Paleoconservatives should have focused on their unique contributions to political debate and should have pursued the “Revolution from the Middle” however they could.

Obviously the Iraq War has revived paleoconservatism and transformed it. Paleos were equipped with a trenchant critique of neoconservative foreign policy. Gradually opposition to the Iraq War from the right became almost synonymous with being “paleo.” Tucker Carlson said he was “getting more paleo” everyday as he came to oppose the war. (He remains somwhere on the masthead of The Weekly Standard)

The Bush presidency then proved so disastrous that a flotilla of conservative dissenters have been drifting toward paleo-island. Institutions like TAC have created space for every kind of dissenter from the conservative movement to sound off and while remaining on the right. There is a danger that paleoconservatism (already losing focus in the late 90s) will be overwhelmed with the refugees from movement conservatism. Not all of these dissenters are interested in what paleos care about. As the Iraq War goes on, more and more young conservatives are forming themselves in reaction to it. Looking at the recent hires at National Review, and The American Spectator, and the interest of other movement institutions, I already see the growing influence of anti-Iraq War voices. Even taking into account their lack of influence on policy, it is clear that anti-Iraq War conservatives are now overrepresented among intellectual conservatives and journalists.

So, what is to be done now? It seems there are two approaches –which can be pursued simultaneously, and will be pursued according to each person’s temperament and circumstances. 1) We can build, sustain, and improve independent institutions like Chronicles, TAC, and the Mises Institute, as Dan suggested we do. The difficulty here is finding money and people. 2) Or some of us can collaborate with movement conservatives when our interests are the same. Many mainstream conservatives are demonstrating an interest in addressing the economic anxiety of the middle class, and taking up the cause of immigration restriction. Surely some of us will start working with them. The danger in this strategy is selling out.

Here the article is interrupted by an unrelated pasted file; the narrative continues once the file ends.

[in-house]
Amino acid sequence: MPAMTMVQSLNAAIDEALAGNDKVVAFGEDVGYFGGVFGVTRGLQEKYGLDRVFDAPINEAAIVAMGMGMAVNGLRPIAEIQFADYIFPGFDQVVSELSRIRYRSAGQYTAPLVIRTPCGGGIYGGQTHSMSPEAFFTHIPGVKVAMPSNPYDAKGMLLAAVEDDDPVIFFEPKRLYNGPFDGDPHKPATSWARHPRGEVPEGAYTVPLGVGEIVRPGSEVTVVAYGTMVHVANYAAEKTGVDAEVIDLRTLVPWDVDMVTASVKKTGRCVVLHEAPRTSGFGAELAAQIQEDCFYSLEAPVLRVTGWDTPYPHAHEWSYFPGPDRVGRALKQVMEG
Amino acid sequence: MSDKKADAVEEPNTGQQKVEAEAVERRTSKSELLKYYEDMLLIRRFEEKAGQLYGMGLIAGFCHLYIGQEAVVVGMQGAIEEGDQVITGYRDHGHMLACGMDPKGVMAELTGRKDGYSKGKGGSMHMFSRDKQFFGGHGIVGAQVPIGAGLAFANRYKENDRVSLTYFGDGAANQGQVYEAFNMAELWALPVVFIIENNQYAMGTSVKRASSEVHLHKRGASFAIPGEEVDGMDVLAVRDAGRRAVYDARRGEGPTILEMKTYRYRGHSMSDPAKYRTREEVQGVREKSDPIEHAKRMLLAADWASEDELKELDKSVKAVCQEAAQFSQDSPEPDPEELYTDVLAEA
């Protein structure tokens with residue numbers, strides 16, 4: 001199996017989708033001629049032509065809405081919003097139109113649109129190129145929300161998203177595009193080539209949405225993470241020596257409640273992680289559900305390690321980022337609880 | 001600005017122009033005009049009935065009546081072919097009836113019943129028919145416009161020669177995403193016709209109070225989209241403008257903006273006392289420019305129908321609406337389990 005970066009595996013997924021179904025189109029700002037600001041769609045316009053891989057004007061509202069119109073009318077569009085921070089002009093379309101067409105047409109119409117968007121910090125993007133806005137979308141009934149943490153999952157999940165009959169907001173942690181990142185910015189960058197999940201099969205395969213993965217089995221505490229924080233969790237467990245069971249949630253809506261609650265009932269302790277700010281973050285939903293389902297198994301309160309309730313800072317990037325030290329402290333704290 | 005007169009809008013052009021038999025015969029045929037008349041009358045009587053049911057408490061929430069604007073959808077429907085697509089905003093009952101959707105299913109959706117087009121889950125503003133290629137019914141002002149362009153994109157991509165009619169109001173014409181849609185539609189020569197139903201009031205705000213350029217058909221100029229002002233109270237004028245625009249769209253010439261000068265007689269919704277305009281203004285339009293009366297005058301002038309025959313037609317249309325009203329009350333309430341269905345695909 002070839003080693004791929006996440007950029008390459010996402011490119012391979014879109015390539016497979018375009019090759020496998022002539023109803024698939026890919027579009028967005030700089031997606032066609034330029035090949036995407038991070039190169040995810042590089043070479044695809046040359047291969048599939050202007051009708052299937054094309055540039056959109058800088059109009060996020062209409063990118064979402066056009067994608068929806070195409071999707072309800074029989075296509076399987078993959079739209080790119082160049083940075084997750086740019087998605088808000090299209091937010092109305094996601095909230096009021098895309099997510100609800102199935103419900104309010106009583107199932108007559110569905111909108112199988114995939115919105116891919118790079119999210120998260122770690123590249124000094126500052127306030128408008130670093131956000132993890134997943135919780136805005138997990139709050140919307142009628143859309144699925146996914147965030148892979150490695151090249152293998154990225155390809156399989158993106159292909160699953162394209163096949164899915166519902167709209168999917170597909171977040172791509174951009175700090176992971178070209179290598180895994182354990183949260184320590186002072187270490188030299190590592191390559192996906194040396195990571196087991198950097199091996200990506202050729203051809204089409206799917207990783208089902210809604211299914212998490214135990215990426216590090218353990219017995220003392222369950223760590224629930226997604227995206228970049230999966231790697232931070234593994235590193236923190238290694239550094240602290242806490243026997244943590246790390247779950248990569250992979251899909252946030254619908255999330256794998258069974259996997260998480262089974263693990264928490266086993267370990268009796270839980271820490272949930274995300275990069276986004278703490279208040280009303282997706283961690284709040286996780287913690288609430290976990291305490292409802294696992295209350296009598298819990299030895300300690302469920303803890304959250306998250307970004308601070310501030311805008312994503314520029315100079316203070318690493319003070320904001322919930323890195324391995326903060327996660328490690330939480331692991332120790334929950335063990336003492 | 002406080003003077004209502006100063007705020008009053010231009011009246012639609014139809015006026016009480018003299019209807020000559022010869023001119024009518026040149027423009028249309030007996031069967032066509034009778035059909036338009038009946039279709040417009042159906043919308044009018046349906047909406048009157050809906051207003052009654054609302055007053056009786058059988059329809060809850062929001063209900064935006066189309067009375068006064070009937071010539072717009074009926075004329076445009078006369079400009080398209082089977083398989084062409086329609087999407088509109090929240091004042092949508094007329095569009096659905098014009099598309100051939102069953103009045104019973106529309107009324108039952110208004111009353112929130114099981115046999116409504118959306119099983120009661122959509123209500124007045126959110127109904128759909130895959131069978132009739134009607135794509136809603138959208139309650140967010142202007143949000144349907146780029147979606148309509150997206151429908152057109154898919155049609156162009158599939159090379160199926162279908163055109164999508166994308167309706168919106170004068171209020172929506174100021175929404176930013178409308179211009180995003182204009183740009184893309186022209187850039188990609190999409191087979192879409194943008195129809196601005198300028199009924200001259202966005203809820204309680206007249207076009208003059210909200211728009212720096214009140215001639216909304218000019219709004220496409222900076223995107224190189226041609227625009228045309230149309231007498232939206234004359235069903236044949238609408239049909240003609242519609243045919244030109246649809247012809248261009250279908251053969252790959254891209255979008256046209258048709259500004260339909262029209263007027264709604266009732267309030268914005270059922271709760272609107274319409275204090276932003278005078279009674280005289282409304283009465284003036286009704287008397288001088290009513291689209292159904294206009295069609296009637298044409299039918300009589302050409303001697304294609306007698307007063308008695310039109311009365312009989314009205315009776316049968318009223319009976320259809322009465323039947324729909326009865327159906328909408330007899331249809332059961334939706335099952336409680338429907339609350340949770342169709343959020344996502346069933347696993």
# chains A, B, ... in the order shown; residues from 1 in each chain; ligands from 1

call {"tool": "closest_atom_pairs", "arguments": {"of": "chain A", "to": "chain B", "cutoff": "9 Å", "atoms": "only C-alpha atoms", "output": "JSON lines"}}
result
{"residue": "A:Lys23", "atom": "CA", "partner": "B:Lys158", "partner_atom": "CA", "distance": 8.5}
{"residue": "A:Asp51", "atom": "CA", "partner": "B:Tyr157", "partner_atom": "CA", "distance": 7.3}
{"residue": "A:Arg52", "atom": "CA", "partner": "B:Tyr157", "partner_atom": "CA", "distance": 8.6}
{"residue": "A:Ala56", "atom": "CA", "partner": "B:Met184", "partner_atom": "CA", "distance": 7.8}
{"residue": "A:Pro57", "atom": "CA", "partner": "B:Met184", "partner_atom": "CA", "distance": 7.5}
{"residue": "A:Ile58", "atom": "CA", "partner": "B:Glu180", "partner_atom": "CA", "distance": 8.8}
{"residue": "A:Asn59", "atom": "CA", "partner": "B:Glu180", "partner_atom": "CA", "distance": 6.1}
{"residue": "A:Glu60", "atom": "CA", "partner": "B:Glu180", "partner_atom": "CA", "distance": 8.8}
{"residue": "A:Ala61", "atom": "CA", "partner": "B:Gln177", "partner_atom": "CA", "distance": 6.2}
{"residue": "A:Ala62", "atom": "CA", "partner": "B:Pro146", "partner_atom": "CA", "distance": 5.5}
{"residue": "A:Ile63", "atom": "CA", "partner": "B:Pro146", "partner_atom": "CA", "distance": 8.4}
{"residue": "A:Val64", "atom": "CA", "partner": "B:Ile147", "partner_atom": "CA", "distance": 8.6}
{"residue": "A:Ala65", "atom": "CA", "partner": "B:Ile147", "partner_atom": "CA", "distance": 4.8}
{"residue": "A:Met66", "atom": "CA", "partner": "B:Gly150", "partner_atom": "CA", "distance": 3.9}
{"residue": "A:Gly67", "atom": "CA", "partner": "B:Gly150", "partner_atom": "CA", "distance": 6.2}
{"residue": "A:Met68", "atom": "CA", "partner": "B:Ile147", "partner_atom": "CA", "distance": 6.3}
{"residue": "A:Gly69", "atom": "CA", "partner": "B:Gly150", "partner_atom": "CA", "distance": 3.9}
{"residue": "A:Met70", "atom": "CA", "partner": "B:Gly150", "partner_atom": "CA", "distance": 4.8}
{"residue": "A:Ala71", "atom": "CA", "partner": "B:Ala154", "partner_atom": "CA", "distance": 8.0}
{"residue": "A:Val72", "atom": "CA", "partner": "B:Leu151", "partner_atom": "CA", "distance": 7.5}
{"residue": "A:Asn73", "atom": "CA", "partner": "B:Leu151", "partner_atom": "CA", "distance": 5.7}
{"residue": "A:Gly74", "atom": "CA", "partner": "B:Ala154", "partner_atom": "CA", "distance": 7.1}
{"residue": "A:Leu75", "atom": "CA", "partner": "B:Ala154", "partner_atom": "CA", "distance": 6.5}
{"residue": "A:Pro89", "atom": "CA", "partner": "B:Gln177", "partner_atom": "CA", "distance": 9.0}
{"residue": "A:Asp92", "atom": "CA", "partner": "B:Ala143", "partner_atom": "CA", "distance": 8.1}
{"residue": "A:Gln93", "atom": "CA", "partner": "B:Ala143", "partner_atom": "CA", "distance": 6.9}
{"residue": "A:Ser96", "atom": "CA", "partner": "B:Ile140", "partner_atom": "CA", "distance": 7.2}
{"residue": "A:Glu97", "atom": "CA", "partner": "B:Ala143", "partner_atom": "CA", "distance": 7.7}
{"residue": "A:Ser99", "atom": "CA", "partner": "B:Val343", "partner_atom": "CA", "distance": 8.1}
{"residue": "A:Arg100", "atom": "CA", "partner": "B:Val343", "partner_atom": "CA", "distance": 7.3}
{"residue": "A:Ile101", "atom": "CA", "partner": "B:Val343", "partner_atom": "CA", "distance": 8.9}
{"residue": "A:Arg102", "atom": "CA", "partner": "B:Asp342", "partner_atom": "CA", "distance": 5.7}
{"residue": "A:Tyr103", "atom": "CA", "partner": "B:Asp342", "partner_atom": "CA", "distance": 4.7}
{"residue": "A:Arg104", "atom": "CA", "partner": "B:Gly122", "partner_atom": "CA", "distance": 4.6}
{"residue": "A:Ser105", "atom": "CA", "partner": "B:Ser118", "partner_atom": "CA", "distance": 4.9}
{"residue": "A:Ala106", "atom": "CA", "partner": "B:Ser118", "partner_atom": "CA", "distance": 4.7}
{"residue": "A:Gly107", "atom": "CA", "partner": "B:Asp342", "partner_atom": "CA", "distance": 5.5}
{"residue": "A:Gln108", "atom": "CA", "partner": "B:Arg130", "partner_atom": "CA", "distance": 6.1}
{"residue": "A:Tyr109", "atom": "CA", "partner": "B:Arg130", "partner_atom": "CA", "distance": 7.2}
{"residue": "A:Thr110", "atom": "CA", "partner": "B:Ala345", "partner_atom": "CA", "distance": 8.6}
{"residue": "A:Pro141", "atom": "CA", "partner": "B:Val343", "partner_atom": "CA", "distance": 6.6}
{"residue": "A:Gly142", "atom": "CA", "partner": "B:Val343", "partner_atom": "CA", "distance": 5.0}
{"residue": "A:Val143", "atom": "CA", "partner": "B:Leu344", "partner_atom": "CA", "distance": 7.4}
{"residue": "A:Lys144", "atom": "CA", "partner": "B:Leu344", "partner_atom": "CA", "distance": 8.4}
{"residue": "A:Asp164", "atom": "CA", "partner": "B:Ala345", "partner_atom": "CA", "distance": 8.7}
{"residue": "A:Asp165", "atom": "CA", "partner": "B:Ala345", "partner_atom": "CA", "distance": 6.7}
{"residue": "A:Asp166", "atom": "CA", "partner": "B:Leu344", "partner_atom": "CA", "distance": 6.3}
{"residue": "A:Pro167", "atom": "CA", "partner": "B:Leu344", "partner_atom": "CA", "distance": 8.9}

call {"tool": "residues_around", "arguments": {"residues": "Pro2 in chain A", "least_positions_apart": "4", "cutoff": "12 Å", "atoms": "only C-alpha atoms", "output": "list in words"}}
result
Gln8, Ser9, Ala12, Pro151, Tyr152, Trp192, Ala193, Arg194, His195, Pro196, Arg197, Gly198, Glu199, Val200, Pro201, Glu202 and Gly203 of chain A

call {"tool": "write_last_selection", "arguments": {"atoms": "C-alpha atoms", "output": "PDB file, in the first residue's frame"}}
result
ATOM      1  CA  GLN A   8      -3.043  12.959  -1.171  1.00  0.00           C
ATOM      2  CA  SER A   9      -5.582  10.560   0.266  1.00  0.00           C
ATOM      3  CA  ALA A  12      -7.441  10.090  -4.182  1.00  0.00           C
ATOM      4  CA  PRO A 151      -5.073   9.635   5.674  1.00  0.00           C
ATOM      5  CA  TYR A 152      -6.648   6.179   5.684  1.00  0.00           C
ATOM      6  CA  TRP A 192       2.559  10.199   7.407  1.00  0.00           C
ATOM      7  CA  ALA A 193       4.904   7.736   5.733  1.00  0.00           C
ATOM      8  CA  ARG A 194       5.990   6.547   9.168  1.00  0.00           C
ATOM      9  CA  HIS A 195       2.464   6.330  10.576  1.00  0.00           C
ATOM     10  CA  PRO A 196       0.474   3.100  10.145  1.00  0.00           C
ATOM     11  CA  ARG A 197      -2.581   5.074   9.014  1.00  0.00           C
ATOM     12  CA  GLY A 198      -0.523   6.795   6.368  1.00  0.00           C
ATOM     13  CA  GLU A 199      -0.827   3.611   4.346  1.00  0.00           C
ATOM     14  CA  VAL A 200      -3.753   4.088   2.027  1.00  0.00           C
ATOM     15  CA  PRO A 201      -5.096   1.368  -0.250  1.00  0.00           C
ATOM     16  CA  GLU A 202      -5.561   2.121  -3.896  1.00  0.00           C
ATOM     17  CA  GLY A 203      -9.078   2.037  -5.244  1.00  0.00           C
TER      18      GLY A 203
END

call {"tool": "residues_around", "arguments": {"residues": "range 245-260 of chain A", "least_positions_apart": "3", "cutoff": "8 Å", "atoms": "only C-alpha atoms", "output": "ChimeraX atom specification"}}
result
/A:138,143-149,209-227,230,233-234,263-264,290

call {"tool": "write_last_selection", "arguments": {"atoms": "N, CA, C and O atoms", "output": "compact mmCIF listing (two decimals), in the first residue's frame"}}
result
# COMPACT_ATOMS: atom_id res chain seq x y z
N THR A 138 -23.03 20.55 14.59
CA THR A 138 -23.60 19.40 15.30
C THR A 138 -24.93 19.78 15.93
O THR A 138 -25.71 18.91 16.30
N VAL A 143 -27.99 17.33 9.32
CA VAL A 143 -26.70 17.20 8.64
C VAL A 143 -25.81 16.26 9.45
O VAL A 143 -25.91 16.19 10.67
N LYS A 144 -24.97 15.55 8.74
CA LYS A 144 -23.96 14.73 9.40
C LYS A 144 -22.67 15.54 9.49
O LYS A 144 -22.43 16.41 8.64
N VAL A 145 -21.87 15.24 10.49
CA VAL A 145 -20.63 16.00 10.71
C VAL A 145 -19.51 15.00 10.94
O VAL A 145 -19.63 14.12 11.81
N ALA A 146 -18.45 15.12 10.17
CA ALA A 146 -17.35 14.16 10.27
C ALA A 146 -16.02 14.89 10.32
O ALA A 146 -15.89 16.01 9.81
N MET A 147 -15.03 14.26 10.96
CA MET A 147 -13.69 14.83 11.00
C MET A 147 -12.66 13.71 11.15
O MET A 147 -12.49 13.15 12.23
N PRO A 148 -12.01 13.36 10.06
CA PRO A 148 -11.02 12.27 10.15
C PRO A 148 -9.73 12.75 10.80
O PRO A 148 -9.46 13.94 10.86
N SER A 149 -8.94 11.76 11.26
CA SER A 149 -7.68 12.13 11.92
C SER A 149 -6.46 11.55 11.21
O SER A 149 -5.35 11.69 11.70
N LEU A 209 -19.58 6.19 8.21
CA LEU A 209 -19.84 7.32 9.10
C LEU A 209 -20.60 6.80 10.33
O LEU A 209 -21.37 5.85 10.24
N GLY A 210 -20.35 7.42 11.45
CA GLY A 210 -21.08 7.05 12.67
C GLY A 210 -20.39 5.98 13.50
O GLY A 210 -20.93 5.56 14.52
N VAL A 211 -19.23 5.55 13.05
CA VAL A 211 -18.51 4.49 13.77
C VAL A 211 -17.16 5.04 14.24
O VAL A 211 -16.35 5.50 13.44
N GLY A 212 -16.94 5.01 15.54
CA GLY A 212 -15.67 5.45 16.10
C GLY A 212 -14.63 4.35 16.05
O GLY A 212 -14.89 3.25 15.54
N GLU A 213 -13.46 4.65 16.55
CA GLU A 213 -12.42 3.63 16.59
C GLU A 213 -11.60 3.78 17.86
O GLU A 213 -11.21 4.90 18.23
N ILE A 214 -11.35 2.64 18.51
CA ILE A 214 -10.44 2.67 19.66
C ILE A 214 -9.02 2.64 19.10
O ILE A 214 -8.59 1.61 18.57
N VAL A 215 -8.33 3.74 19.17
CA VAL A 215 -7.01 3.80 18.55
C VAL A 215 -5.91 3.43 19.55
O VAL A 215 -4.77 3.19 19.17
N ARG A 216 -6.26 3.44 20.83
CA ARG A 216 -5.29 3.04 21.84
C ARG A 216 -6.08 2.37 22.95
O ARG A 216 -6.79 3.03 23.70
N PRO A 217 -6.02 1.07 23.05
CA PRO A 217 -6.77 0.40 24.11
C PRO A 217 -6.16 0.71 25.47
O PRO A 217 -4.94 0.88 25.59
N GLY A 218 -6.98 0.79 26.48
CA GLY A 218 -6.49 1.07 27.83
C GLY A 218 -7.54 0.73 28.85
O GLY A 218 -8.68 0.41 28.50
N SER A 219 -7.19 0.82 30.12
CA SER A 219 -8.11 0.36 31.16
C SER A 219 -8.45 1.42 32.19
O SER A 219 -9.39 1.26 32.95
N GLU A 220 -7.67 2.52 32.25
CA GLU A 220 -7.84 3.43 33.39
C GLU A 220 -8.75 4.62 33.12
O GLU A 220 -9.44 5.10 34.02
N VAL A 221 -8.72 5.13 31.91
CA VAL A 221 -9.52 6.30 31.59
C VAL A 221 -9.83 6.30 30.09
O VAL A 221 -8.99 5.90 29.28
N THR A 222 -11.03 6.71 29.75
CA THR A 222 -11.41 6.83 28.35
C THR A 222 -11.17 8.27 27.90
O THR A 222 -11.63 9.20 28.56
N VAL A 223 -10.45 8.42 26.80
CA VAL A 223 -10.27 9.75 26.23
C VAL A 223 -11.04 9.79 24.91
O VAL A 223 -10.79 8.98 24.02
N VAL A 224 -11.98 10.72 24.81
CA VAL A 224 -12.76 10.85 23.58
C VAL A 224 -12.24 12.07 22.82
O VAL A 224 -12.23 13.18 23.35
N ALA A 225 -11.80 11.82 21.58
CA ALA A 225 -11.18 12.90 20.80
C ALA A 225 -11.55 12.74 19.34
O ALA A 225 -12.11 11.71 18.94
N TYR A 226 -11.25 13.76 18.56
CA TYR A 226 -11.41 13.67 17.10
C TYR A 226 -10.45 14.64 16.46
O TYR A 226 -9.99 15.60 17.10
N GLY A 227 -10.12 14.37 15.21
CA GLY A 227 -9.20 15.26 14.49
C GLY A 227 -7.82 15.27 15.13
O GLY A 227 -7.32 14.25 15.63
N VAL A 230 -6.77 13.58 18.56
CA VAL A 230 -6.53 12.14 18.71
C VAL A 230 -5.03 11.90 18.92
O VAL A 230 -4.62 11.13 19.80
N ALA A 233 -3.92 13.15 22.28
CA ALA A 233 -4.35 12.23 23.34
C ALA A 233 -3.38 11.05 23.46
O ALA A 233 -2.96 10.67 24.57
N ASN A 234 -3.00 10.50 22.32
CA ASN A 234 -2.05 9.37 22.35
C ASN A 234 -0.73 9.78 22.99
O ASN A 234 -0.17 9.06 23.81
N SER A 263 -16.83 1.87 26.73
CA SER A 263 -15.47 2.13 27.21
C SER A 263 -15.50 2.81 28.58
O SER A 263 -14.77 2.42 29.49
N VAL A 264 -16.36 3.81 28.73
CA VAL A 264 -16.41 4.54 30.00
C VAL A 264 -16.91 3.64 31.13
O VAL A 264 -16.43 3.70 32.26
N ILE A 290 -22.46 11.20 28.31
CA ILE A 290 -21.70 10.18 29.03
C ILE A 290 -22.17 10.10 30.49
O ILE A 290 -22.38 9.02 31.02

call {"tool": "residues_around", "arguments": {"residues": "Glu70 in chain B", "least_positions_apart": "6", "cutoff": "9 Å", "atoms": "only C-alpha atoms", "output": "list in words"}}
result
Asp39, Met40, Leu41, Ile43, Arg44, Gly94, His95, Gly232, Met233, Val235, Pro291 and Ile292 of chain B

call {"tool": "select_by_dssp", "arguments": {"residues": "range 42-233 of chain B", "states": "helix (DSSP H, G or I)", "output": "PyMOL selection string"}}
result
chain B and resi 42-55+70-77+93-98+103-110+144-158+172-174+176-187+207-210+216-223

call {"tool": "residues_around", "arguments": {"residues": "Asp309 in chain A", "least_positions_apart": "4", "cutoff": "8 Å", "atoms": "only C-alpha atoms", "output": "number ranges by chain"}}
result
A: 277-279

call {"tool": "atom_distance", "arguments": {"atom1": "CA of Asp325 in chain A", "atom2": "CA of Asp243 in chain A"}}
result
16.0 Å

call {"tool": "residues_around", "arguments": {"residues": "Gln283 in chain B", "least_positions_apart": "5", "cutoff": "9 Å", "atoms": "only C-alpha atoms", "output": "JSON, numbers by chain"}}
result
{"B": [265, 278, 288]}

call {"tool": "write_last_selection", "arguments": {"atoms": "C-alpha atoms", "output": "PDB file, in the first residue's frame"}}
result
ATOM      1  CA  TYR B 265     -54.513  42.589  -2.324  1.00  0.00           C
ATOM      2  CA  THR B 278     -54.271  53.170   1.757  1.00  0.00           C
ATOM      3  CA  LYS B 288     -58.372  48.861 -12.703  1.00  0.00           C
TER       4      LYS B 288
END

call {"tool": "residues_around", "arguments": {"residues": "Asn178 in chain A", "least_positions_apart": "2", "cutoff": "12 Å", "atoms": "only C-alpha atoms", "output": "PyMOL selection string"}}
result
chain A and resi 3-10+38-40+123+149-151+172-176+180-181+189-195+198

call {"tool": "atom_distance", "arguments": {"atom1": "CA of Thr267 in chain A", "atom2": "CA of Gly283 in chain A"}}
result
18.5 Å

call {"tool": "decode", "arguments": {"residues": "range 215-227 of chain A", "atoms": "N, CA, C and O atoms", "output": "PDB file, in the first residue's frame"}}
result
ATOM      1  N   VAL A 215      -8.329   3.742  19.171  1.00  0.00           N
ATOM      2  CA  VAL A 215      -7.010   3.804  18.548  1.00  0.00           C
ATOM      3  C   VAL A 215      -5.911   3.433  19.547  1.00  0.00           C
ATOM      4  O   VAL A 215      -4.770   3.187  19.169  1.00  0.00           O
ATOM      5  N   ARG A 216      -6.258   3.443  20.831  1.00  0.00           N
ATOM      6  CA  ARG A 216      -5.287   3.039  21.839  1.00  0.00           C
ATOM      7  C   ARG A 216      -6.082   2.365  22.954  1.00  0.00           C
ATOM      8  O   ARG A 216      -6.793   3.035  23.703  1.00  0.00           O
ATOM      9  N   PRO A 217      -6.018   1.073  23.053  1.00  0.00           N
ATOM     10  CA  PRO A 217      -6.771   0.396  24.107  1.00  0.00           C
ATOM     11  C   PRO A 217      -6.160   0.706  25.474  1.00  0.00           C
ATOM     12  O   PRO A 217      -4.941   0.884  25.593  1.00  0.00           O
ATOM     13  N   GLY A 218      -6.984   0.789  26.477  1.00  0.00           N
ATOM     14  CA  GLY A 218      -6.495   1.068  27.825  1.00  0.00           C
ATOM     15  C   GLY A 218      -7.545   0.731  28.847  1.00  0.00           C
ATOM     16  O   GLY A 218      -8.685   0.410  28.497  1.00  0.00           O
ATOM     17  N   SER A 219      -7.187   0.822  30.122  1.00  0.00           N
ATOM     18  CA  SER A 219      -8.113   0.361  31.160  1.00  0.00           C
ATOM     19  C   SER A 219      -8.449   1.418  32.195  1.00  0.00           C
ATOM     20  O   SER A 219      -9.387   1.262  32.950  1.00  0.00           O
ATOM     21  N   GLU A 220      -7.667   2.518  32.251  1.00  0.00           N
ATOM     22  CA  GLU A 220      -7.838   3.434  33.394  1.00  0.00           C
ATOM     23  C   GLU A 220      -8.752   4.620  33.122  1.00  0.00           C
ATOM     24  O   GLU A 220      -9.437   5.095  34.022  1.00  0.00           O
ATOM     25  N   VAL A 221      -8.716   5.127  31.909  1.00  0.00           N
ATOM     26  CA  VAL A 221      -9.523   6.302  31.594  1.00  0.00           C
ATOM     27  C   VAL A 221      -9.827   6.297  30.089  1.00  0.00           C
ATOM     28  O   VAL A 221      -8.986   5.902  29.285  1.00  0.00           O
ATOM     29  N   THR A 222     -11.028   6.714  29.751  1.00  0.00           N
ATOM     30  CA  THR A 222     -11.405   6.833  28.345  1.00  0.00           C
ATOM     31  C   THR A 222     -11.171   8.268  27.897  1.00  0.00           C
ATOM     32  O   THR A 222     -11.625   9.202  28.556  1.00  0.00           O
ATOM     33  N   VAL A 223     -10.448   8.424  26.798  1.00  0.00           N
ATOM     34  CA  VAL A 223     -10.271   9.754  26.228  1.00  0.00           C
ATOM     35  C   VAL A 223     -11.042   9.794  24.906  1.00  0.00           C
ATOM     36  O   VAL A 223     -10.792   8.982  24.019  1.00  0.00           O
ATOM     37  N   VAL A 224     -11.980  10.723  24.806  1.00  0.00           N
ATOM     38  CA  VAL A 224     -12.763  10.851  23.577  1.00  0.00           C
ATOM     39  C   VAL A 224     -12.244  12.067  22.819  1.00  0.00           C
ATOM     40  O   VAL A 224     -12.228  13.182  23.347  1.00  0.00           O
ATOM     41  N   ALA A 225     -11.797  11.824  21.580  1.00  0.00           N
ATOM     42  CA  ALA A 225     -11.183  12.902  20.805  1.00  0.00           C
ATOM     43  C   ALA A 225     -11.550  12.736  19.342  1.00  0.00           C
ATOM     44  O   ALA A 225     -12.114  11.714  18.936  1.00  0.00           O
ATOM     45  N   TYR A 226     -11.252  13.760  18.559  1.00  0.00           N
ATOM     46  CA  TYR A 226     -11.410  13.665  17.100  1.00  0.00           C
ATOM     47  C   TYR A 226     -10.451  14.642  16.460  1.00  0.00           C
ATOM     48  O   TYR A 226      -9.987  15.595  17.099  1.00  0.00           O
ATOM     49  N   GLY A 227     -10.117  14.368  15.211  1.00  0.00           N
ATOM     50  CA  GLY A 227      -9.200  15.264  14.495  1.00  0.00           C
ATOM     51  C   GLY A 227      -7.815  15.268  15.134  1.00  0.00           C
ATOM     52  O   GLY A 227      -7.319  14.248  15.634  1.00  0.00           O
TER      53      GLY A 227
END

On the whole, I do think paleos need to formulate a more coherent set of political goals than they currently have. Overwhelmed by the Bush presidency, I fear we too often just say: whatever neoconservatives want, we’ll take the opposite. If they want John McCain, let’s make a case for Barack Obama. But one gets the feeling that if The Weekly Standard urged caution and prudence, some newly born paleocon would write a 10,000 word diatribe in favor risk and audacity. (The older generation of paleoconservatives doesn’t fall into this –to their credit.)

The short version of my answer is that paleoconservatives could have retained their 90s influence (whatever it was) by sticking to their vision of nationalist conservatism. In the future they should think hard about what kind of things they’d like to achieve (I’m sure we all have some ideas) and work hard at building their own institutions on the one hand, and forming tactical alliances with the mainstream right on the other.